“Spatial History, Frontiers, and Migration” embraces the alternative geographical imaginaries that historical subjects conjured up through their movements, the concomitant circulation of animals, goods, texts, and ideas, and the entanglements that these produced. At its core, it reflects a desire to write against the sealed containers of historical analysis – nations, civilizations, empires, etc. – that characterized older traditions of national and even world history.
Many historians working in this field are principally interested in mobilities; however, rather than take nation-states as forming the matrices along which movement took place, they are invested in the new spatial and temporal horizons that mobilities generated. Such historians are committed to studying mobile people in the arenas that they inhabited, whether on land or at sea. They are interested in the study of borderlands, of oceanic worlds, of routes, and of crossings – and all at varying scales, ranging from the micro to the global.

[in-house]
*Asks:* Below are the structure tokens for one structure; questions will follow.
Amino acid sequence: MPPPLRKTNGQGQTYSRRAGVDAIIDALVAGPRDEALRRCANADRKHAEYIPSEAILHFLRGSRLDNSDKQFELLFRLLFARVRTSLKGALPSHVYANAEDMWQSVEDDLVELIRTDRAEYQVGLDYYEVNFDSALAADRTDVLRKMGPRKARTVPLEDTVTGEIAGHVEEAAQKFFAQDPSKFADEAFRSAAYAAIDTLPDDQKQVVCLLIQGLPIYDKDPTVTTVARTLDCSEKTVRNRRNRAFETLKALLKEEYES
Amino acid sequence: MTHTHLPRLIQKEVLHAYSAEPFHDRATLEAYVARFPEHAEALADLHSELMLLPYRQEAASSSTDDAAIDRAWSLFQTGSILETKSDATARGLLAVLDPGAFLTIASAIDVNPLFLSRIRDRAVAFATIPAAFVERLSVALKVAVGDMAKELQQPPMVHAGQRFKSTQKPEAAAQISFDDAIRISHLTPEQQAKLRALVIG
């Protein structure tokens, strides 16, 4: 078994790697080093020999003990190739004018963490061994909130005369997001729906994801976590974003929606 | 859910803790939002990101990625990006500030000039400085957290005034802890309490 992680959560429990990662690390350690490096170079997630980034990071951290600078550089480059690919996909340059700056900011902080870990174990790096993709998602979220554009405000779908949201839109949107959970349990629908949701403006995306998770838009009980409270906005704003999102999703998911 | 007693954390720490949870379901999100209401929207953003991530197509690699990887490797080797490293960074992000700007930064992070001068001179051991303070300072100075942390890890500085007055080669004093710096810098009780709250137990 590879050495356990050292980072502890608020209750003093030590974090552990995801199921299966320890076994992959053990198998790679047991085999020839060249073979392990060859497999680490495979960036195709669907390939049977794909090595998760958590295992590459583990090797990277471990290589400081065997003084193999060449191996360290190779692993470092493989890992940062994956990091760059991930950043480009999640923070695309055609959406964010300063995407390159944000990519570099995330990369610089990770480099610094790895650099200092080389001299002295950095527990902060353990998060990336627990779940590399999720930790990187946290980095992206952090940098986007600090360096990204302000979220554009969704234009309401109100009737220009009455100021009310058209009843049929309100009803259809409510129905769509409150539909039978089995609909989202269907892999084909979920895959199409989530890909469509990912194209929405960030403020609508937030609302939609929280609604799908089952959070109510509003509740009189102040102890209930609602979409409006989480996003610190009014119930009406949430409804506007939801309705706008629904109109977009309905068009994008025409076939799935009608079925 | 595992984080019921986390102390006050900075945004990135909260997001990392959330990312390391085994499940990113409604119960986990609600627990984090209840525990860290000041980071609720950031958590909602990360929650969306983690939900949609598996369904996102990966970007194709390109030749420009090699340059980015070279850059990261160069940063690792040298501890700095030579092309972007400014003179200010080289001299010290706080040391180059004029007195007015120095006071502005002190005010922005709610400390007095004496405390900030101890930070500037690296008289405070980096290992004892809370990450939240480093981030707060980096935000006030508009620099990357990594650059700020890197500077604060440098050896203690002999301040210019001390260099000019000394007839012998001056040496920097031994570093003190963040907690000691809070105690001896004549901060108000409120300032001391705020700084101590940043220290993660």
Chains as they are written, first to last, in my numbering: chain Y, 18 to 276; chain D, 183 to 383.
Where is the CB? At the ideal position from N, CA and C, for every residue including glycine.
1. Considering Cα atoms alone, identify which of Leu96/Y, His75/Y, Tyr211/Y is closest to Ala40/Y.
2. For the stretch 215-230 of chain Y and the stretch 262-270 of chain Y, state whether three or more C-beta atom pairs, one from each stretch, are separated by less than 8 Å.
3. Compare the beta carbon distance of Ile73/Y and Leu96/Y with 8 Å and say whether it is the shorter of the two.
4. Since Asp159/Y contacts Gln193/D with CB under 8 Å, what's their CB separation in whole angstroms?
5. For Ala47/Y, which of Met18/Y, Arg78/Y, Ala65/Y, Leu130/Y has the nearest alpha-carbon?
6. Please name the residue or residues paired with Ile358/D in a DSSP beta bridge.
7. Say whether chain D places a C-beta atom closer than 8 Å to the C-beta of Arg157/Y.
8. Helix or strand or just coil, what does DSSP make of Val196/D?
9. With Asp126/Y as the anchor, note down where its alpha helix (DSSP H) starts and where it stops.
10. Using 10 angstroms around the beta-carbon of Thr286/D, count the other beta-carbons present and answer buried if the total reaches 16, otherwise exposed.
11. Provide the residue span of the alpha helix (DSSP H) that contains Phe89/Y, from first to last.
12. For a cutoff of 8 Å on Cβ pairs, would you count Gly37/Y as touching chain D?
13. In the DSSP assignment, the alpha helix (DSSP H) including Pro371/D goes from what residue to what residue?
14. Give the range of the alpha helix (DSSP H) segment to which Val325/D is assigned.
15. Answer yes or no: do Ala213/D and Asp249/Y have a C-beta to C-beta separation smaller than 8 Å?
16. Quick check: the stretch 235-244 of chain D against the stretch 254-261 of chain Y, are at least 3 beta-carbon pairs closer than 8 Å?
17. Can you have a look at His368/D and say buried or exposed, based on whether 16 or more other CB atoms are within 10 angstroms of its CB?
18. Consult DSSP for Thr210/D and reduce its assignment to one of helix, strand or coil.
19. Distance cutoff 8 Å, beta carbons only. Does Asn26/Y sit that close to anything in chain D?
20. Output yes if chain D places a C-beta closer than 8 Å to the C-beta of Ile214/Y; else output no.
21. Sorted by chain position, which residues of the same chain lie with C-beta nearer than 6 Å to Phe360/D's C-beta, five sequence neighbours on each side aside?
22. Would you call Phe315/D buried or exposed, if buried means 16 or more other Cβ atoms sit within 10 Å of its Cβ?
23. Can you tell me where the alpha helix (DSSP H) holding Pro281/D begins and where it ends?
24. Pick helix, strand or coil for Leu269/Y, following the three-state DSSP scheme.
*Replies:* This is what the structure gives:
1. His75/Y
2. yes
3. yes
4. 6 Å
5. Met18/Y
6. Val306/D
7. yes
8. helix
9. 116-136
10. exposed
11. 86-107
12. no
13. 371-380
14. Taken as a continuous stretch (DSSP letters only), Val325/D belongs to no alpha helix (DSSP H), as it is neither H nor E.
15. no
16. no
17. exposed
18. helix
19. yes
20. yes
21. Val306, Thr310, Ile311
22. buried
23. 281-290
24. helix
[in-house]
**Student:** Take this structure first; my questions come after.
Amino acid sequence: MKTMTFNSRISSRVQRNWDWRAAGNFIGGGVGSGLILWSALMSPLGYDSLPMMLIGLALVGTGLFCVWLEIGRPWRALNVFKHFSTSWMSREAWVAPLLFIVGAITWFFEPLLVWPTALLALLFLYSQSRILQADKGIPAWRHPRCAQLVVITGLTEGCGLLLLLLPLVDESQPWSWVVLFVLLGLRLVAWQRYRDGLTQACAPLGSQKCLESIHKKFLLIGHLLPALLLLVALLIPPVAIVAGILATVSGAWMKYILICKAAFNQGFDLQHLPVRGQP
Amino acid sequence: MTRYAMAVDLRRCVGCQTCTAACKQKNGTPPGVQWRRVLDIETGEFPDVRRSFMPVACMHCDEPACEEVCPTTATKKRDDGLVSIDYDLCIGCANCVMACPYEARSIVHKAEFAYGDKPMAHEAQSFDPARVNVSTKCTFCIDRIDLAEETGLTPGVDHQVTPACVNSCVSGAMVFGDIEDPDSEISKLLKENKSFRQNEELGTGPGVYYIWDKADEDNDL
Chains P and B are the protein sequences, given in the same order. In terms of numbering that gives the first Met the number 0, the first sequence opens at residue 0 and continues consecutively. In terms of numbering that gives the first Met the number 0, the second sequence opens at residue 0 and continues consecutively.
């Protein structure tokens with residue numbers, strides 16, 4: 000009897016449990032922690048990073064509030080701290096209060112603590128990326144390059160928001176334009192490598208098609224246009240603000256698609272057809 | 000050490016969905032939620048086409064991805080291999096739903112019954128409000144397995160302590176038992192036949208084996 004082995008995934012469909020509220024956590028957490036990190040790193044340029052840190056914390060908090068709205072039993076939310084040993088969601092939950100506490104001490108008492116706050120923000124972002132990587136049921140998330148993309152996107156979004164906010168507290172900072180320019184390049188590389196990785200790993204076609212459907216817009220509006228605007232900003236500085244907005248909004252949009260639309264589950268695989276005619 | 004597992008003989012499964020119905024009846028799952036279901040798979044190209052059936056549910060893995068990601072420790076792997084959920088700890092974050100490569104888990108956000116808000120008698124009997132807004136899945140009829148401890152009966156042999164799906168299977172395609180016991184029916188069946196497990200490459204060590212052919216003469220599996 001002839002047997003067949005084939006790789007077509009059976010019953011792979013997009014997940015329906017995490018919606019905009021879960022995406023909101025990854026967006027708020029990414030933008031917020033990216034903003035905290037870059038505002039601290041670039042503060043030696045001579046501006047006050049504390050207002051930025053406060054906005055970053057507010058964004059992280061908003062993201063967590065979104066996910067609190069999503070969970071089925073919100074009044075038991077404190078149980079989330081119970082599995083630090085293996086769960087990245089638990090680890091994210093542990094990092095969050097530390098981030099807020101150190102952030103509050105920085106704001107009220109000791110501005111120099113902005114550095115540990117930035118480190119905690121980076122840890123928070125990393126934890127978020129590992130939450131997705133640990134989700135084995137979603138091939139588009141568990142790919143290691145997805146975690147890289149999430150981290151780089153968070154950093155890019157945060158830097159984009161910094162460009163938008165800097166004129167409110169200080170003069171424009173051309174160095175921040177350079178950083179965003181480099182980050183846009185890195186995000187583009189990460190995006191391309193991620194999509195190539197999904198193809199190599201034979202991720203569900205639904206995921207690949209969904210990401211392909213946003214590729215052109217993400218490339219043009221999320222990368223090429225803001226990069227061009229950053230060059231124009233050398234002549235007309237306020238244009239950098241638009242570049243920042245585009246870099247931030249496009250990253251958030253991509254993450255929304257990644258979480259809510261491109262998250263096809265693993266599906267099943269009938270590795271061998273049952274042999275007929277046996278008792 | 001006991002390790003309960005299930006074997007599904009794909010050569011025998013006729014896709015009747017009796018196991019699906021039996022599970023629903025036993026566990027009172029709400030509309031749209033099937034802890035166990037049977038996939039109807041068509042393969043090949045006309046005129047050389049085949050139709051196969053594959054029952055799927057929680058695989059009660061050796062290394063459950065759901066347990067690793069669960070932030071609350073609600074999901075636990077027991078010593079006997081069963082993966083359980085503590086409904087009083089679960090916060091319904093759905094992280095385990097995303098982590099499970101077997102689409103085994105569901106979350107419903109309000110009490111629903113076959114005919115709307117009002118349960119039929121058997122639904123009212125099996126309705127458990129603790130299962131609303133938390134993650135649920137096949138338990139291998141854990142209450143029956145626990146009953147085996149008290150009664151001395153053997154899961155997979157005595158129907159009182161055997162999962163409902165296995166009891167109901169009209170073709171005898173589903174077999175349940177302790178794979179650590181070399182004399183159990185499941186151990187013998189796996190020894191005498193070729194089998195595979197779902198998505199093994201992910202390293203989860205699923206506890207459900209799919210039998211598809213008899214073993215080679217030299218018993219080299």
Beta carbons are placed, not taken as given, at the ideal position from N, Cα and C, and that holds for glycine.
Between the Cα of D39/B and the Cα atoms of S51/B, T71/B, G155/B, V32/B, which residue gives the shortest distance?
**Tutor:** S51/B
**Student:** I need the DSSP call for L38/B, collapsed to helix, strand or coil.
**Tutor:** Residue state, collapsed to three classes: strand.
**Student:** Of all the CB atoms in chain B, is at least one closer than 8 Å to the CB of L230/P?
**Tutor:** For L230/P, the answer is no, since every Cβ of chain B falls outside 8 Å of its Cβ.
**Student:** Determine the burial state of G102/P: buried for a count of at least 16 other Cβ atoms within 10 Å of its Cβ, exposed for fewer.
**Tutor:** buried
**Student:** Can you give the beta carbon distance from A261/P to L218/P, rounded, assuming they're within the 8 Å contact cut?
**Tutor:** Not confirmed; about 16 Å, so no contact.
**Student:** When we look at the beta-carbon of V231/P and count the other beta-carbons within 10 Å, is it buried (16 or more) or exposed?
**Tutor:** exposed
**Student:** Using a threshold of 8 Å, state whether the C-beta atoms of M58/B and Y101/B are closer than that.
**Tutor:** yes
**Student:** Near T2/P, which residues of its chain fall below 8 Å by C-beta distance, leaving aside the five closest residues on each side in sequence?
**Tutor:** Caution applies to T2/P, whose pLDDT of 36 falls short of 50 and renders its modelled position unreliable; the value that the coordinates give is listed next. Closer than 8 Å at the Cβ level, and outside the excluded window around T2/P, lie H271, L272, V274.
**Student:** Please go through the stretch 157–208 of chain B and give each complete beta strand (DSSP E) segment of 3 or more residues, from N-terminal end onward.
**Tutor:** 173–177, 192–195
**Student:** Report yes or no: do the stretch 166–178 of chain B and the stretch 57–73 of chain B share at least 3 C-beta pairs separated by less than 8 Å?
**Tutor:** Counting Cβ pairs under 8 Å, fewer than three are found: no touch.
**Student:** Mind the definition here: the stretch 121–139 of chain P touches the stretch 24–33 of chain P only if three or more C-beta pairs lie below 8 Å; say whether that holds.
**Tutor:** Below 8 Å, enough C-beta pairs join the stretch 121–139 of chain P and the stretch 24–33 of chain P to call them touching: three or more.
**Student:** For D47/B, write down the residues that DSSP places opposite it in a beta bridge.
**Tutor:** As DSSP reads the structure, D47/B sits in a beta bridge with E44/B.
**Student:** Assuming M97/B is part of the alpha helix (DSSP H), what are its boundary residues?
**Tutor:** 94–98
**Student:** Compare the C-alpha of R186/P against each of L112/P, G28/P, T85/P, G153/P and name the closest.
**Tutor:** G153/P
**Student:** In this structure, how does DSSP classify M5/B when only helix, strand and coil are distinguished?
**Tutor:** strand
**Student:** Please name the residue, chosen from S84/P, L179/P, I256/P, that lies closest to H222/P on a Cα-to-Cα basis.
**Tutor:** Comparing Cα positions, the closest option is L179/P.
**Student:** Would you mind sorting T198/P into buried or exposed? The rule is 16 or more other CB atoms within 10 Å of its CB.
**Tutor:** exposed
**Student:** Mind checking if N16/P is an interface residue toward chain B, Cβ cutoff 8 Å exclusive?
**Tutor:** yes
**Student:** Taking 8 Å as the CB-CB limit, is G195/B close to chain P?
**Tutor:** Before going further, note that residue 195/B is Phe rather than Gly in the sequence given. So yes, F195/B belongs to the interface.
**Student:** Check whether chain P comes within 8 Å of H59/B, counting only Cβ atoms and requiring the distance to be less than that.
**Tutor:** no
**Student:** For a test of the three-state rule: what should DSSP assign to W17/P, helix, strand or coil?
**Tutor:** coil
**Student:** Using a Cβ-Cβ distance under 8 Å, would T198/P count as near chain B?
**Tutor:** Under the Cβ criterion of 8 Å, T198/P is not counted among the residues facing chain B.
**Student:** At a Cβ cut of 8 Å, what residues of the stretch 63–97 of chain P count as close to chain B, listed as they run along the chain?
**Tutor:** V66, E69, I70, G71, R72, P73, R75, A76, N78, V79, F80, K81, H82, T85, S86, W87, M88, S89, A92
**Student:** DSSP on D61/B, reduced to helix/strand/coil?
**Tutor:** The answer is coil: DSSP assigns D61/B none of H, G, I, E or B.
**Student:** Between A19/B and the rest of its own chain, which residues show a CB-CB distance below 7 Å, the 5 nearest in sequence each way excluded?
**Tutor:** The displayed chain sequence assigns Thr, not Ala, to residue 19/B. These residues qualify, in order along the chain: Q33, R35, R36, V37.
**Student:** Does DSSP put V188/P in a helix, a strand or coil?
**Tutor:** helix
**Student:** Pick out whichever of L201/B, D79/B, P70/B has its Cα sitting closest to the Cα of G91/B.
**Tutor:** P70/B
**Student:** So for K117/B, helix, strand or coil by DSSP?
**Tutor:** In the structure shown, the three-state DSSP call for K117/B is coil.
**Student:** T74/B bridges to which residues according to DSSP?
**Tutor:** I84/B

Many of the scholars concerned with questions of space and movement have taken to GIS as a platform for organizing and visualizing data. By enhancing scholars’ ability to examine spatial data, GIS has allowed historians to answer old questions in new ways, but also to pose altogether new questions. Historians using these tools have worked with different units at UVA, including the Scholars’ Lab, and have also developed their own mapping tools, such as MapScholar.